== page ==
Correlation vs. Causation: Differences & Definition

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  • 0:02 Correlation vs. Causation
  • 1:27 Defining Correlation
  • 2:46 Defining Causation
  • 4:05 Identifying the Difference
  • 6:23 Lesson Summary
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Lesson Transcript
Instructor: Cathryn Jackson

Cat has taught a variety of subjects, including communications, mathematics, and technology. Cat has a master's degree in education and is currently working on her Ph.D.

When conducting experiments and analyzing data, many people often confuse the concepts of correlation and causation. In this lesson, you will learn the differences between the two and how to identify one over the other.

Correlation vs. Causation

Brandy works in a clothing store. As she is restocking shelves, she notices that the sweaters are completely gone. She goes into the inventory area of the store and finds the sweater boxes. In the meantime, she gets a call: another one of her co-workers is calling in sick. That's the third person this week! As she restocks the sweaters, Brandy has a thought. Are the sweater sales causing her coworkers to become ill? Brandy is faced with a common problem, correlation versus causation.

In this lesson, you will learn about correlation and causation, the differences between the two and when to tell if something is a correlation or a causation.

First, correlation and causation both need an independent and dependent variable. An independent variable is a condition or piece of data in an experiment that can be controlled or changed. A dependent variable is a condition or piece of data in an experiment that is controlled or influenced by an outside factor, most often the independent variable.

If there is a correlation, then sometimes we can assume that the dependent variable changes solely because the independent variables change. This is where the debate between correlation and causation occurs. However, there is a difference between cause and effect (causation) and relationship (correlation). Sometimes these areas can be confused and muddled when analyzing data.

Defining Correlation

You probably know that a correlation is the relationship between two sets of variables used to describe or predict information. There is an emphasis here on relationship. Sometimes we can use correlation to find causality, but not always. Remember that correlation can either be positive or negative.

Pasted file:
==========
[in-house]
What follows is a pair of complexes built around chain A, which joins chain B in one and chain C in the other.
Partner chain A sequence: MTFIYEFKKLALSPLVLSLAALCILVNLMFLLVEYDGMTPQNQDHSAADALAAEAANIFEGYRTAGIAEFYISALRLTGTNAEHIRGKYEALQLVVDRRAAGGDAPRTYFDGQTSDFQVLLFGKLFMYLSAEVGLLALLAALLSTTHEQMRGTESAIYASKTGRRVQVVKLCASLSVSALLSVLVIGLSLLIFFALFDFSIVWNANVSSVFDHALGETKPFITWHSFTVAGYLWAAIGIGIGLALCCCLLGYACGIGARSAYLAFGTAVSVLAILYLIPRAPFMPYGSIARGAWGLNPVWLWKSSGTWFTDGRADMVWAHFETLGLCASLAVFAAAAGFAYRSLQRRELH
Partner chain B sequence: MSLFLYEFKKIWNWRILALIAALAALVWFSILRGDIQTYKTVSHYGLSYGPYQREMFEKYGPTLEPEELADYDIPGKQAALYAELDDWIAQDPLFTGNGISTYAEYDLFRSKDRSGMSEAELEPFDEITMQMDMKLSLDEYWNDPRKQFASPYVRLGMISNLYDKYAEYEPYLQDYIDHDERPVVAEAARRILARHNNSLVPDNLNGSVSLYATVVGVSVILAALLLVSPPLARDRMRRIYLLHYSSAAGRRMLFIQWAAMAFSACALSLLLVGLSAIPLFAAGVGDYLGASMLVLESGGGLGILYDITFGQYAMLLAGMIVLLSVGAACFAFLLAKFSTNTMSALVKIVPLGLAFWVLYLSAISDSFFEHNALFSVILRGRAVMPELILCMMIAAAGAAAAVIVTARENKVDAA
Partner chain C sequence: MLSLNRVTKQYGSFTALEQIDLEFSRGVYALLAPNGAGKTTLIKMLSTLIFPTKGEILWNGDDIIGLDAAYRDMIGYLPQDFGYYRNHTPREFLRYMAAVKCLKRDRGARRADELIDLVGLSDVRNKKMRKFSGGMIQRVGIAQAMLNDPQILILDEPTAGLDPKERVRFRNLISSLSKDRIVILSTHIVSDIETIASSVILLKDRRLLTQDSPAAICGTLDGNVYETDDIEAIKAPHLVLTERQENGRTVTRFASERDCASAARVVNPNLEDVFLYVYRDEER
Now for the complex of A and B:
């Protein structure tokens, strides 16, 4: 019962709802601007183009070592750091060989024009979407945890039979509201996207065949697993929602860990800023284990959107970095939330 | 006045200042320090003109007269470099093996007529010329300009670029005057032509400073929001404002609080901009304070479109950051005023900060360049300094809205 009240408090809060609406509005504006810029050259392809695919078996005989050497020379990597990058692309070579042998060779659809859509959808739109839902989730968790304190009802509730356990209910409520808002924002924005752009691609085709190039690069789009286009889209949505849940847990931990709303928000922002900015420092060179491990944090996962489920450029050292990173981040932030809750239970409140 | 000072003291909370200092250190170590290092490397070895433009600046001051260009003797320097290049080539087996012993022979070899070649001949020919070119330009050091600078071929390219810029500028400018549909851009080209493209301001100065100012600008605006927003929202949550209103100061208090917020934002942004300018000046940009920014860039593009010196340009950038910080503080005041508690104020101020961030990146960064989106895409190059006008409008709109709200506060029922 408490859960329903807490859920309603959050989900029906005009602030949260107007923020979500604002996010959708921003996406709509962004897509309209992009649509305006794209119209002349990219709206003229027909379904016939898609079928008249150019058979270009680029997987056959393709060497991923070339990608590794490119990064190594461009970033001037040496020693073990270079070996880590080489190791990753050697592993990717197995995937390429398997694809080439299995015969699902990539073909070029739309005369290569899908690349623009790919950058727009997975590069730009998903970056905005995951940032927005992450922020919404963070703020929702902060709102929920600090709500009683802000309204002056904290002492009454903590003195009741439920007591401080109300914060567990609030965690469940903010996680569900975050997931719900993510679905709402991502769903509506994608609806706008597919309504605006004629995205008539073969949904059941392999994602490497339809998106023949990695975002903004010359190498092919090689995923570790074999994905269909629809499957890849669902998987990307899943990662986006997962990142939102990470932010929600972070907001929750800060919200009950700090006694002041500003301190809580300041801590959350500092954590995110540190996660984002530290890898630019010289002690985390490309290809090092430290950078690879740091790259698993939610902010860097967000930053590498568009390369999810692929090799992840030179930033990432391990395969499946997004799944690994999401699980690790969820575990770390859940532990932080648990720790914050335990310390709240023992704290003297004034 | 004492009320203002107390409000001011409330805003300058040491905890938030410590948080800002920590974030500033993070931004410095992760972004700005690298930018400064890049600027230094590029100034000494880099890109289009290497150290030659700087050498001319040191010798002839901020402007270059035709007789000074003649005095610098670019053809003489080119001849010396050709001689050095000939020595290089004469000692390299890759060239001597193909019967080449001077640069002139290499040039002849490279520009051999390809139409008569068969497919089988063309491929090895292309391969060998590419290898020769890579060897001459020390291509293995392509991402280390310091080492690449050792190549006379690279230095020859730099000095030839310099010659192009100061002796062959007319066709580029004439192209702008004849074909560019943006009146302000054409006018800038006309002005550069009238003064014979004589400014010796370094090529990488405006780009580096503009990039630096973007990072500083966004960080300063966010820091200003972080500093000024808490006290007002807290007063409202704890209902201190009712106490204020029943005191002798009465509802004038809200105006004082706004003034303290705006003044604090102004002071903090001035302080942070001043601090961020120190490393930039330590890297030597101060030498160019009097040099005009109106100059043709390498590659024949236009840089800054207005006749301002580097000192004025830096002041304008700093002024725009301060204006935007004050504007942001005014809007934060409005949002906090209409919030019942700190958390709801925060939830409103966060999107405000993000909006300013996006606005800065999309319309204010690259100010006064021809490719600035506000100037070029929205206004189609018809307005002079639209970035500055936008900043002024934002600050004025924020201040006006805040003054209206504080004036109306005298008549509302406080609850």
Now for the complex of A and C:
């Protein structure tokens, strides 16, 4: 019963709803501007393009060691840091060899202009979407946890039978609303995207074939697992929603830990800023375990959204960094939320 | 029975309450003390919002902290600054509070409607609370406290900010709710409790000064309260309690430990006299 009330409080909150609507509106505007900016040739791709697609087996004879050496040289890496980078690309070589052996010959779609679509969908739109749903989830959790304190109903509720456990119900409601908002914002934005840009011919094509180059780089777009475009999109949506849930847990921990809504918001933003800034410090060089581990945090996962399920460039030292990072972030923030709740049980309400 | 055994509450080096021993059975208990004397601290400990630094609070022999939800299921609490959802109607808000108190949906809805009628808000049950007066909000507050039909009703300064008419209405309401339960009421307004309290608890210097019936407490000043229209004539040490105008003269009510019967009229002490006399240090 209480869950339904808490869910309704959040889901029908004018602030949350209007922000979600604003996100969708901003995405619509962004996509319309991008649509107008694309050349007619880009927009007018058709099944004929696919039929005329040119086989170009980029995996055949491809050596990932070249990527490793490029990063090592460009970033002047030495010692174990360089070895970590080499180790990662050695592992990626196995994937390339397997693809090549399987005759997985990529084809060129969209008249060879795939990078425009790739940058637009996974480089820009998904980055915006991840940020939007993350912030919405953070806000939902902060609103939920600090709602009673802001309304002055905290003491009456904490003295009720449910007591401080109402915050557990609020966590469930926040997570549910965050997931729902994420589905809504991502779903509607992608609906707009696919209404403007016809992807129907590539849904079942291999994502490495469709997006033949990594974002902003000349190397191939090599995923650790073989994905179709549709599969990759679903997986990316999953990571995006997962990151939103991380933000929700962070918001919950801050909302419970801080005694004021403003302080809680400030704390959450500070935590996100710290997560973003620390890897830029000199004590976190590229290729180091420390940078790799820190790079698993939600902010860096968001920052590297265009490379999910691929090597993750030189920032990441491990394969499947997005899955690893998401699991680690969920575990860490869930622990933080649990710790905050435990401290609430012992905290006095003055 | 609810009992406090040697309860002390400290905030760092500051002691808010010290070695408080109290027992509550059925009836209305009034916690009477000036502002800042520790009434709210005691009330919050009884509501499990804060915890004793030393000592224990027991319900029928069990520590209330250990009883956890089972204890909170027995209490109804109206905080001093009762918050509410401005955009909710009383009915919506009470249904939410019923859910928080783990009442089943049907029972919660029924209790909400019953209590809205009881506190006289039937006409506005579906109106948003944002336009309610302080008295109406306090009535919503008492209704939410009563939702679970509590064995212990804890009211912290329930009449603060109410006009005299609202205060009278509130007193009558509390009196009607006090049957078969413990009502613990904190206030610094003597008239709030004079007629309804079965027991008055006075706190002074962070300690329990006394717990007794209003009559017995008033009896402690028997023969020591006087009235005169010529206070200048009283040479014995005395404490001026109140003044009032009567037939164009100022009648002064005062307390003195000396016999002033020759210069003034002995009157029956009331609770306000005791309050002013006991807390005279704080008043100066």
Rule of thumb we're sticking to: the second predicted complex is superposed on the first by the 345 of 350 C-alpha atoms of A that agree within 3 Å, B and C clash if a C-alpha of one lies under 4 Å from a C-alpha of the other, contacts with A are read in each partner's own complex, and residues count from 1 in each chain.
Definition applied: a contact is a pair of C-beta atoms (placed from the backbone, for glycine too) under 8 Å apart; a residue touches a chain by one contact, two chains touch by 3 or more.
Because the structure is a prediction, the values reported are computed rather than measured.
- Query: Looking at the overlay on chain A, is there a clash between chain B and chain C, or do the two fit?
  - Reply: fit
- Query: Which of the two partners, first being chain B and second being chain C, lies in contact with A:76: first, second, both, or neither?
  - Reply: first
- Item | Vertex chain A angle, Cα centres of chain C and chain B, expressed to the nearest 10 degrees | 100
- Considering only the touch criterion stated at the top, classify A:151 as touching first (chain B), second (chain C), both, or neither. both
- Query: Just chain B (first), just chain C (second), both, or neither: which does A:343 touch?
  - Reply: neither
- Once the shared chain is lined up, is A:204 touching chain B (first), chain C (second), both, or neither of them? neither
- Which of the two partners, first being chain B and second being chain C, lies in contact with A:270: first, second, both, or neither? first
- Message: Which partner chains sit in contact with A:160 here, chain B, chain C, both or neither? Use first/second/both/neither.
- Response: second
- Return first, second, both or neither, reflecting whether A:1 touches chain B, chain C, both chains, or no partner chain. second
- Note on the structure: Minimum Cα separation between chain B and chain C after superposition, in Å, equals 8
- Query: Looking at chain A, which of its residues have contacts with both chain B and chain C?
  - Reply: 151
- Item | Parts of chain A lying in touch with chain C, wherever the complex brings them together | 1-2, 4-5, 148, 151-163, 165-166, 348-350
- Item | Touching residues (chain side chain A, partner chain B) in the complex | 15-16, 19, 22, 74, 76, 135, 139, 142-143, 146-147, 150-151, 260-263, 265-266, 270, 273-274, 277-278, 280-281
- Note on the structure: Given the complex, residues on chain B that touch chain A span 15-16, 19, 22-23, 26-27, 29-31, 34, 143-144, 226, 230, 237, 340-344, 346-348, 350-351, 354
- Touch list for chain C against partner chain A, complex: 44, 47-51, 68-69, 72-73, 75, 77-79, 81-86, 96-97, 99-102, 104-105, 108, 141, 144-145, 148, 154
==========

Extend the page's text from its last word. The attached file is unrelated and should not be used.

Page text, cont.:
Graph 1 is called a positive correlation, where the dependent variables and independent variables in a data set increase or decrease together.

Positive Correlation
graph showing positive correlation

This means that there is a positive relationship between the number of sweaters sold at Brandy's store and the frequency of illnesses that occur with Brandy's coworkers.

If the numbers sloped downward, like the line in Graph 2, then you have a data set with a negative correlation, where the dependent variables and independent variables in a data set either increase or decrease opposite from one another.

Negative Correlation
graph showing negative correlation

That means if the independent variables decrease, then the dependent variable would increase, and vice versa. In this example, Brandy notices that the more shorts that are sold, the fewer illnesses there are, but the more vacation time her coworkers use.

So the question is: do shorts or sweater sales cause illnesses or vacation? You might have guessed that it isn't the clothing that is causing this change; these things are just correlated, but not cause and effect.

Defining Causation

Causation, also known as cause and effect, is when an observed event or action appears to have caused a second event or action. For example, I bought a brand new bed comforter and placed it in my washing machine to be cleaned. After cleaning the comforter, my washing machine stopped working. I may assume that the first action, washing the comforter, caused the second action, broken washing machine.

Brandy decides to rearrange the inventory on her floor. She puts the athletic wear and shoes in a prominent spot in the store, puts the swimwear next to the front register and moves the business attire to a less conspicuous spot. Over the next few weeks she notices a change in her employees. They are more active, eat healthier and take walks on their breaks. Could the athletic wear in a prominent spot cause the employees to have the motivation to be healthier? She tries an experiment, exchanging the athletic wear and the business wear. Over the next few weeks, Brandy doesn't notice a change in the employees' behavior. She asks them what caused them to suddenly want to work out and live a healthier life style. Was it the athletic wear? No, they tell her. It was the swimsuits by the front register reminding them that spring break was coming around the corner.

Identifying Correlation or Causation

Unfortunately, there is no tried and true way of identifying causation. We can find many correlations in research, but the causation often requires a separate experiment. For example, Brandy did not know if the athletic wear was the causation or just a correlation until she rearranged the inventory a second time. However, you can identify instances of likely causation. Let's look at a few examples.

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